How to Recognize Women’s Heart Attack Symptoms

It It is important to be able to recognize when you or someone near you is having a heart attack—this knowledge can even save a life. Learn how to recognize heart attack symptoms in women by watching this clip.

Women’s heart attack symptoms are a bit more subtle than men’s—the squeezing chest pains that many people expect from a heart attack may not be present. Shortness of breath, jaw pain, back pain, tingling, and flu-like symptoms may be present in women.

Call Denver’s Swedish Medical Center today at (303) 788-5000 to learn more about women’s healthcare. As a Level I Trauma Center, we are highly committed to providing the utmost of care to each and every patient who walks through our hospital doors.

What are your Bariatric Surgery Options?

Many men and women struggle to control their weight, even after dedicated weight loss efforts. If you are looking to improve your health through weight loss and have found that diet and exercise are ineffective, bariatric surgery may be a good option. At Denver’s Swedish Medical Center, our experienced weight loss surgeons offer three minimally invasive bariatric surgical procedures to help you get to your ideal weight with a shorter recovery time. These procedures include: 

  • Adjustable gastric banding. This procedure involves placing an adjustable silicone band (gastric band) around the upper portion of the stomach to create a smaller stomach pouch. By restricting the size of the stomach, patients feel full sooner during meals and for longer periods of time. This helps to suppress appetite and promote long-term weight loss. The gastric band is also adjustable, allowing the physician to customize the stomach opening to fit a patient’s needs.
  • Roux-en-Y gastric bypass. The Roux-en-Y gastric bypass procedure is the most commonly performed bariatric surgery. During this procedure, the surgeon creates a smaller stomach pouch and connects the small intestine directly to it, effectively bypassing the rest of the stomach. Like the gastric banding procedure, this new, smaller stomach pouch effectively diminishes the patient’s appetite and reduces caloric intake.
  • Sleeve gastrectomy. Sleeve gastrectomy, like the other bariatric procedures mentioned above, involves reducing the size of the stomach to suppress appetite. This procedure, however, results in the removal of 85 percent of the stomach, turning it into a sleeve-like structure.

Are you interested in learning more about whether or not you are a good candidate for one of the above medical procedures? If so, schedule a consultation with the bariatric surgery specialist at Swedish Medical Center of Metro Denver. Our hospital staff will be happy to help you formulate the best possible weight loss plan to suit your needs and lifestyle—call today at (303) 788-5000 to find out more.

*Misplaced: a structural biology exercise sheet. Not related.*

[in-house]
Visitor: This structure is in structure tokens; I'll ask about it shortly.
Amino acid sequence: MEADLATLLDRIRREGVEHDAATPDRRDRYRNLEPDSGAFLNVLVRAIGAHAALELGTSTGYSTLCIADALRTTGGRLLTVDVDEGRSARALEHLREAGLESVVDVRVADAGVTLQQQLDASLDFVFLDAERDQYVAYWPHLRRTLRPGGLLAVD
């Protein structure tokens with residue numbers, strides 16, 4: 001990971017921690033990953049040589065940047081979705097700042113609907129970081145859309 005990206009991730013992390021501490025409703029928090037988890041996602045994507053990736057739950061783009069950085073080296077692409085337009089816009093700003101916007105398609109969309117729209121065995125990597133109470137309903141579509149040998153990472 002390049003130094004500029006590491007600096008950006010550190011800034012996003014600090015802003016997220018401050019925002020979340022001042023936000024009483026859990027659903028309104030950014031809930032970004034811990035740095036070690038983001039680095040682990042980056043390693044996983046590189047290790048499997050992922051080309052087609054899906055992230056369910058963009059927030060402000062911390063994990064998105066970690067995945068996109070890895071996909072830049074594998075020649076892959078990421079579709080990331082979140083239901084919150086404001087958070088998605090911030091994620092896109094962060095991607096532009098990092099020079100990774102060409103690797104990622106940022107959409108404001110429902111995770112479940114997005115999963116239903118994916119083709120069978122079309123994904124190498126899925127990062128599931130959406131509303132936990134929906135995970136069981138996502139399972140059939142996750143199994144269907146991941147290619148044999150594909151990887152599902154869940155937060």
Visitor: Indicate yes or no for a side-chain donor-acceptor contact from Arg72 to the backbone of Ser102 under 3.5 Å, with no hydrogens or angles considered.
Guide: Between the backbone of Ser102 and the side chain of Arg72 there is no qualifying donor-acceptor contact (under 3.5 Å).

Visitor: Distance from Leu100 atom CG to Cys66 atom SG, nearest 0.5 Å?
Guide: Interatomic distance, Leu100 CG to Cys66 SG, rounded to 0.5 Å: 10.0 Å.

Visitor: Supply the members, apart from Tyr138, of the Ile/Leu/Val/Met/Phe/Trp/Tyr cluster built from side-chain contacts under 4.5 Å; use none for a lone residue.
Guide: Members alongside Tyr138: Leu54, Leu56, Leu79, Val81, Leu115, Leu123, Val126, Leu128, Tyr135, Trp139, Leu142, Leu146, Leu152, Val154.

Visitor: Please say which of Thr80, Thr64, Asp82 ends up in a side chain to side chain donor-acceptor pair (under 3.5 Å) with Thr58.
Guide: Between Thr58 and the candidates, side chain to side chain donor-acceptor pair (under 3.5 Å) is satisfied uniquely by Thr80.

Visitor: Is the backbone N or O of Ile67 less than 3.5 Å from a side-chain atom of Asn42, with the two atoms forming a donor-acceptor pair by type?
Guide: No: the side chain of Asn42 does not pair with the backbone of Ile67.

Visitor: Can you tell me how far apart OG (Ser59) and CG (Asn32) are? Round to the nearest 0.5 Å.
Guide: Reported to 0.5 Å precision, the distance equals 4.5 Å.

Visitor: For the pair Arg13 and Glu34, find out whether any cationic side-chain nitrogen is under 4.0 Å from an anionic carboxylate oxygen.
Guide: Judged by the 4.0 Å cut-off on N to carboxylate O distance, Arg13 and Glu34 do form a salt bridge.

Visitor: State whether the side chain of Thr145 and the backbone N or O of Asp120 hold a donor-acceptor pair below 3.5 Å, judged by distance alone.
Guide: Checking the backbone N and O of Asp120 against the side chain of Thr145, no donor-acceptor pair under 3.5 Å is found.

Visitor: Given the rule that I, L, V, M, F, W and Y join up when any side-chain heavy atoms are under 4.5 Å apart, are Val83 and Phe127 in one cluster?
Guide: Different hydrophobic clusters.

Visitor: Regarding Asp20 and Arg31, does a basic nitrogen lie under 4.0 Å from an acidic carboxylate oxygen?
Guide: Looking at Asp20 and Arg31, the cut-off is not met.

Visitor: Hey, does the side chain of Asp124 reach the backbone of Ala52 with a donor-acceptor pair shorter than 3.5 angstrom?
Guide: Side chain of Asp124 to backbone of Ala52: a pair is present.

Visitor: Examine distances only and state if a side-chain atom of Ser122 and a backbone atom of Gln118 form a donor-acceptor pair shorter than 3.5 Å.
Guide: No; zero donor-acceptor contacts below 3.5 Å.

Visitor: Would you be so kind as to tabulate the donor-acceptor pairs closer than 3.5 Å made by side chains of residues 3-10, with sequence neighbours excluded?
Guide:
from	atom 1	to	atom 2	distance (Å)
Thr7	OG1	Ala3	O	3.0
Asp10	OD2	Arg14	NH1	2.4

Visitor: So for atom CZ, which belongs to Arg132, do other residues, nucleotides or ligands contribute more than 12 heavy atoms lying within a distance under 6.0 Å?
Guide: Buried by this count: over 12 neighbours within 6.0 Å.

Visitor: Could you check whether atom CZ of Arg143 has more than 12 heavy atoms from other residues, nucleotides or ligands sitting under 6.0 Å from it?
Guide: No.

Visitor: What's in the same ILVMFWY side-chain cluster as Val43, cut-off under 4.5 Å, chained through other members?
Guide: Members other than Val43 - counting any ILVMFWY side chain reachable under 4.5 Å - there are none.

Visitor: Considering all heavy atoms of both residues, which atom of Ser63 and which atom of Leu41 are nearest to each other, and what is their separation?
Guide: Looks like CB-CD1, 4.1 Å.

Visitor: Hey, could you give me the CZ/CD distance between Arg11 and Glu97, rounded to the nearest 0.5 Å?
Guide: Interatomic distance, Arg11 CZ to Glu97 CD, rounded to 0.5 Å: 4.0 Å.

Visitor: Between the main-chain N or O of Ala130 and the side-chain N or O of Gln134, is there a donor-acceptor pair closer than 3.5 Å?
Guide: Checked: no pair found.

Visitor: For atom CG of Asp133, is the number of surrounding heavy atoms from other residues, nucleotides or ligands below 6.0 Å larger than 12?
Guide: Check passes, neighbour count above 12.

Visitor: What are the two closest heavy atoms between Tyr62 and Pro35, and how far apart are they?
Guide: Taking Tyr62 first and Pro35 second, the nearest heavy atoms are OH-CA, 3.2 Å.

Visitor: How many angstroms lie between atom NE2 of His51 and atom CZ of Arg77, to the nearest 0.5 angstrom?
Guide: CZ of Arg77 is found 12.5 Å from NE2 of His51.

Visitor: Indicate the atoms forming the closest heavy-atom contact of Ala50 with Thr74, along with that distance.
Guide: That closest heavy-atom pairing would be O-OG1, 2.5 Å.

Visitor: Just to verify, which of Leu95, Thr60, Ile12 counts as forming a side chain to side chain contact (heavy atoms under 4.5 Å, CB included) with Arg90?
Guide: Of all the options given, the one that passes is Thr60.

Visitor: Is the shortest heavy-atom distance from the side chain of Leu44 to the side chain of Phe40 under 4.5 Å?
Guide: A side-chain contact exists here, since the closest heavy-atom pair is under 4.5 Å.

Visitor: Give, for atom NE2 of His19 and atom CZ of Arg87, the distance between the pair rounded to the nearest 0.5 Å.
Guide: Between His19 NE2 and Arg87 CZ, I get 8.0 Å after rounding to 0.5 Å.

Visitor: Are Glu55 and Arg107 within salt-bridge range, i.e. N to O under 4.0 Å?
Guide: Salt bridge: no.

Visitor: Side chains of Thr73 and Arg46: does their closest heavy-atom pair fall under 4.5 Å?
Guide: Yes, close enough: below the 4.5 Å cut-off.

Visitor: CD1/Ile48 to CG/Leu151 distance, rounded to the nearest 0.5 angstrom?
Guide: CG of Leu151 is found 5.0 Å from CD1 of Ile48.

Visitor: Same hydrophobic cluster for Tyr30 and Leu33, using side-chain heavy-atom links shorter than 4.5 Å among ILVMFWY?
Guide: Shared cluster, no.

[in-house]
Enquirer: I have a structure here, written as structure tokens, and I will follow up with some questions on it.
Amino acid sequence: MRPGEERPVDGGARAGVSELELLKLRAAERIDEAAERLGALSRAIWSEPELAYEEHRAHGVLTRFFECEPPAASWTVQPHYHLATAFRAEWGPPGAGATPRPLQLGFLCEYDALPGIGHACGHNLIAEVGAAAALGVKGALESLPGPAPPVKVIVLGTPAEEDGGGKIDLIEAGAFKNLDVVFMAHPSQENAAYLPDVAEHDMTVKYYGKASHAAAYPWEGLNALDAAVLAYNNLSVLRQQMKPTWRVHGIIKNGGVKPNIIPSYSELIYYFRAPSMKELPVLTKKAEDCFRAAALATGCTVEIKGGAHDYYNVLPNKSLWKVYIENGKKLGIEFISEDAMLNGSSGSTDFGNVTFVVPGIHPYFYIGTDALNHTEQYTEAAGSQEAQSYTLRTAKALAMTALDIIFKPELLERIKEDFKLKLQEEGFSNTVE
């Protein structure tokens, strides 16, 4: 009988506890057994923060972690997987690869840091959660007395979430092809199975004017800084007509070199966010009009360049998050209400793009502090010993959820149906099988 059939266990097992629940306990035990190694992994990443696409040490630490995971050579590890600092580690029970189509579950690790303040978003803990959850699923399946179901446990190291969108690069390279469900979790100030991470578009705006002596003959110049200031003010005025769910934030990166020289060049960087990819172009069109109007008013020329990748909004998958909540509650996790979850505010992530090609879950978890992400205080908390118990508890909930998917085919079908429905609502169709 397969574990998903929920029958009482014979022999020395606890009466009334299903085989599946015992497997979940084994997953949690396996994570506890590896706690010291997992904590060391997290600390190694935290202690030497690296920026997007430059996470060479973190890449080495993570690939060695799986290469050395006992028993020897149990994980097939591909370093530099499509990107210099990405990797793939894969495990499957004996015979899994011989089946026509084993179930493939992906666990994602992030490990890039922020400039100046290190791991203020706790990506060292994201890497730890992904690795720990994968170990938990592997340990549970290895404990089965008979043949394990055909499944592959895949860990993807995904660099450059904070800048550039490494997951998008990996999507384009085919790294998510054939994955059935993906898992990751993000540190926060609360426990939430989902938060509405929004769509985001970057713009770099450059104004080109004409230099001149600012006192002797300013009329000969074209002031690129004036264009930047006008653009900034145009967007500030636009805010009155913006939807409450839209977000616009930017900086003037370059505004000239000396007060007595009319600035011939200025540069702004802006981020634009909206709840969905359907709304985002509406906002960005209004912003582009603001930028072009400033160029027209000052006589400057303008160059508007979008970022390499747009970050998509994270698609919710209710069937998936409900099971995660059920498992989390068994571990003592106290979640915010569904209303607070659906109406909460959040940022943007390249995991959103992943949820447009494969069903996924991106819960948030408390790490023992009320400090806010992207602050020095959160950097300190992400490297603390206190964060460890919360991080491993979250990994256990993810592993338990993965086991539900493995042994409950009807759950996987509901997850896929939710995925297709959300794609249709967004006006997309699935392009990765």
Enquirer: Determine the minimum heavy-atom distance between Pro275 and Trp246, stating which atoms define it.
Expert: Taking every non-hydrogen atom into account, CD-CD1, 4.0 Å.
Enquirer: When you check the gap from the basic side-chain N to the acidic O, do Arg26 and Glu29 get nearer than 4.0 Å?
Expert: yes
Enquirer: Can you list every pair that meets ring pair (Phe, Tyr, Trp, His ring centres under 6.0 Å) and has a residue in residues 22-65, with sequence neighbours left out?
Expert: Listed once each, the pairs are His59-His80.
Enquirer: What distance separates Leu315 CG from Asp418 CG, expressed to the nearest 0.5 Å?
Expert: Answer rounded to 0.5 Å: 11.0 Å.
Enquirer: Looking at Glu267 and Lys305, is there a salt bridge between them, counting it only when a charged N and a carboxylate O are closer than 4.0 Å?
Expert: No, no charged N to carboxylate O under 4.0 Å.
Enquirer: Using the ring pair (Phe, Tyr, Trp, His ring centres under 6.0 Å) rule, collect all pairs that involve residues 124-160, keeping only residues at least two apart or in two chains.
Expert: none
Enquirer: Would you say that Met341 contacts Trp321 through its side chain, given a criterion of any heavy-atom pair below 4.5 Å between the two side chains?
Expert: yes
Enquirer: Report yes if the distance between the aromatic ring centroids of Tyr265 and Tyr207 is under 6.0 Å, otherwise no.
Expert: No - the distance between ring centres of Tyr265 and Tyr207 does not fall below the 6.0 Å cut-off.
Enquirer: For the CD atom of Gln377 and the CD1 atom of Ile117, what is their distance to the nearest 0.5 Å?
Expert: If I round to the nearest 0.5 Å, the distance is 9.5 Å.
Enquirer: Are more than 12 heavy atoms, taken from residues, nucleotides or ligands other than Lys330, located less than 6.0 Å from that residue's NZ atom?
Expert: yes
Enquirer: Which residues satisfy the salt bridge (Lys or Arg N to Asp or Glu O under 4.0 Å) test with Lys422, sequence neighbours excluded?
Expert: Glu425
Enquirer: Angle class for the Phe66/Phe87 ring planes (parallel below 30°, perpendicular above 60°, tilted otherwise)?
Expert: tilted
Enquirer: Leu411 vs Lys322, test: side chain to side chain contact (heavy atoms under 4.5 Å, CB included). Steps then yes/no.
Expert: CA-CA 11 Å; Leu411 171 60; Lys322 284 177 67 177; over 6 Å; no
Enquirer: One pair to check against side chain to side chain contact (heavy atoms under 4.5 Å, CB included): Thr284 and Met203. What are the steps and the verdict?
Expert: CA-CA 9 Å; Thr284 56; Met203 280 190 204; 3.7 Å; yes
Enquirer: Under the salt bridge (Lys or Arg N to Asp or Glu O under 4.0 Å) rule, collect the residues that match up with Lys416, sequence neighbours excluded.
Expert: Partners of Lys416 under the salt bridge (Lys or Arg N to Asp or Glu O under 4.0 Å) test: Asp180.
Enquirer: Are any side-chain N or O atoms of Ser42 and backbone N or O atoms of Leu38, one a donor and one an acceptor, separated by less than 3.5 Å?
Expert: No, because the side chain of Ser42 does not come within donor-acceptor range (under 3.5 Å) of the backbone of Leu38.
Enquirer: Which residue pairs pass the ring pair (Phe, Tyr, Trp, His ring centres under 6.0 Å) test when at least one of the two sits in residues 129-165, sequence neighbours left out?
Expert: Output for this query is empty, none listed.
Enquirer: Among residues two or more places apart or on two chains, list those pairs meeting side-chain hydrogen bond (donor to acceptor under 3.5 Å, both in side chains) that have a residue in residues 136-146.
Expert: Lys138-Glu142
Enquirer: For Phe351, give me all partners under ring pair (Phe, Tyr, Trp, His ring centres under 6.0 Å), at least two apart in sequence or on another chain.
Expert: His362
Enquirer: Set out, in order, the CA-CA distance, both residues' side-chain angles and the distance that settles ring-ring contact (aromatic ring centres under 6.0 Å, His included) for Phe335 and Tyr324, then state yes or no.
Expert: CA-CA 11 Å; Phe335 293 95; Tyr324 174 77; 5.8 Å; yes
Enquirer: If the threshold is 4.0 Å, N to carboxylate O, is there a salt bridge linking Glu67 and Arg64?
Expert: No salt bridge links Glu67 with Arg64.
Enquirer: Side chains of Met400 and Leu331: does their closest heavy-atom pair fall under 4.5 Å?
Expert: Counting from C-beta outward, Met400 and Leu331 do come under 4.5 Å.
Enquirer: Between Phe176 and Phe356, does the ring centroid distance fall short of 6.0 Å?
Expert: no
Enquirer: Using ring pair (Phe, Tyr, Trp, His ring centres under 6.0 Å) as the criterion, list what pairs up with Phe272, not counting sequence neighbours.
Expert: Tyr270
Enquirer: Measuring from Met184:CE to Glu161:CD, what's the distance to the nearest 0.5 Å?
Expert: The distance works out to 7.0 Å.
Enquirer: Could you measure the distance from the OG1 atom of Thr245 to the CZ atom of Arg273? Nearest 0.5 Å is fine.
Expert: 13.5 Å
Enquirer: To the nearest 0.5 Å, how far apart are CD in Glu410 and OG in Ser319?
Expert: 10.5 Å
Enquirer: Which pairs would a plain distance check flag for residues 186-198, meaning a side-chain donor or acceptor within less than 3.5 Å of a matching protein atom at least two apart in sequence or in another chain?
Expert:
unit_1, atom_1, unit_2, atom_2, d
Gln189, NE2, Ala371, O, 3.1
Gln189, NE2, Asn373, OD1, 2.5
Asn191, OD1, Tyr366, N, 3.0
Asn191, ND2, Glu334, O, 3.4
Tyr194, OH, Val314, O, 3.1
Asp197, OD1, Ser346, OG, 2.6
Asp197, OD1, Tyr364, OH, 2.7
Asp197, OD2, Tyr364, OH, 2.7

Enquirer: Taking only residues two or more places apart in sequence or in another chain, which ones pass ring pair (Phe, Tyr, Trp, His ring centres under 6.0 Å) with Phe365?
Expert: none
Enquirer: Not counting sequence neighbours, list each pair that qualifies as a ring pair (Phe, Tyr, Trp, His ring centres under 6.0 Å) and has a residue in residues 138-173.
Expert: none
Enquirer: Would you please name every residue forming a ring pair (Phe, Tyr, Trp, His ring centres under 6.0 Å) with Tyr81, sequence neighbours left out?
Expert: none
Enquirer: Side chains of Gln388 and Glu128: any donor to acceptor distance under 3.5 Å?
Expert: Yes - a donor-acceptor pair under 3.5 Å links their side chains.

Skin Cancer vs. Cancer

By: Joel Cohen, M.D.

Skin Cancer is the number one cause of cancerous disease in the United States. In fact, according to the Skin Cancer Foundation, more men and women are diagnosed with skin cancer every year than with breast, colon, lung, and prostate cancers combined. Fortunately, unlike other forms of cancer, skin cancer can usually be seen on the surface of the skin, diagnosed, and treated before the disease becomes severe. Read on to learn more about how skin cancer compares with other forms of the disease.

  • It is caused by sun exposure: Your skin is responsible for protecting your tissues and organs from the harmful substances and germs found in your environment. For this reason, it is more easily affected by the sun’s ultraviolet (UV) rays. It is estimated that about 90 percent of non-melanoma skin cancers (mainly Basal Cell Carcinoma and Squamous Cell Carcinoma) are caused by overexposure to sunlight.
  • It is more preventable: Because skin cancer is most often caused by excessive sun exposure, it is easier to take steps to prevent its development. Avoiding the sun during peak hours of the day, wearing protective clothing, applying proper sunscreen (and re-applying every 2 hours), and avoiding tanning salon use can help prevent the mutations that lead to skin cancer.  (see below for links to more specific information on sun-protection).
  • It can often be cured if caught early: Like other forms of cancer, skin cancer is much more easily treated if detected early. Checking your skin regularly (once a month is recommended) for any abnormal growths, sores, or pigmentations can help to ensure that you seek treatment in time. If you are at a higher risk for skin cancer (such as having a personal history or family history), seeing a dermatologist at regular intervals can also facilitate early detection. One person dies every hour in the US from Malignant Melanoma, the most deadly form of skin cancer as it can spread very quickly.

At Swedish Medical Center in Denver, our highly skilled dermatologists are experienced in the evaluation, diagnosis, and treatment of cancers of the skin. We have 5 Board-Certified Dermatologists right on our campus (Joel Cohen, Mike Contreras, Judy Chiang, Samantha Stoler, and Stephen Ho). We are also very proud to offer skin cancer patients the Mohs Micrographic Surgical Procedure.  Dr. Joel Cohen is one of only a handful of full-fellowship trained surgeons in Colorado through the American College of Mohs Surgery, and he is a 7-time 5280 Top Doc.  Dr. Cohen explains Mohs surgery as “an advanced treatment for skin cancer that minimizes scarring while providing the highest cure rates to optimize removal of cancerous tissue”. If you would like to request an appointment with one of our skin cancer specialists, contact our hospital in Denver today by calling (303) 788-5000 or by visiting

Why All Head Injuries Should Be Checked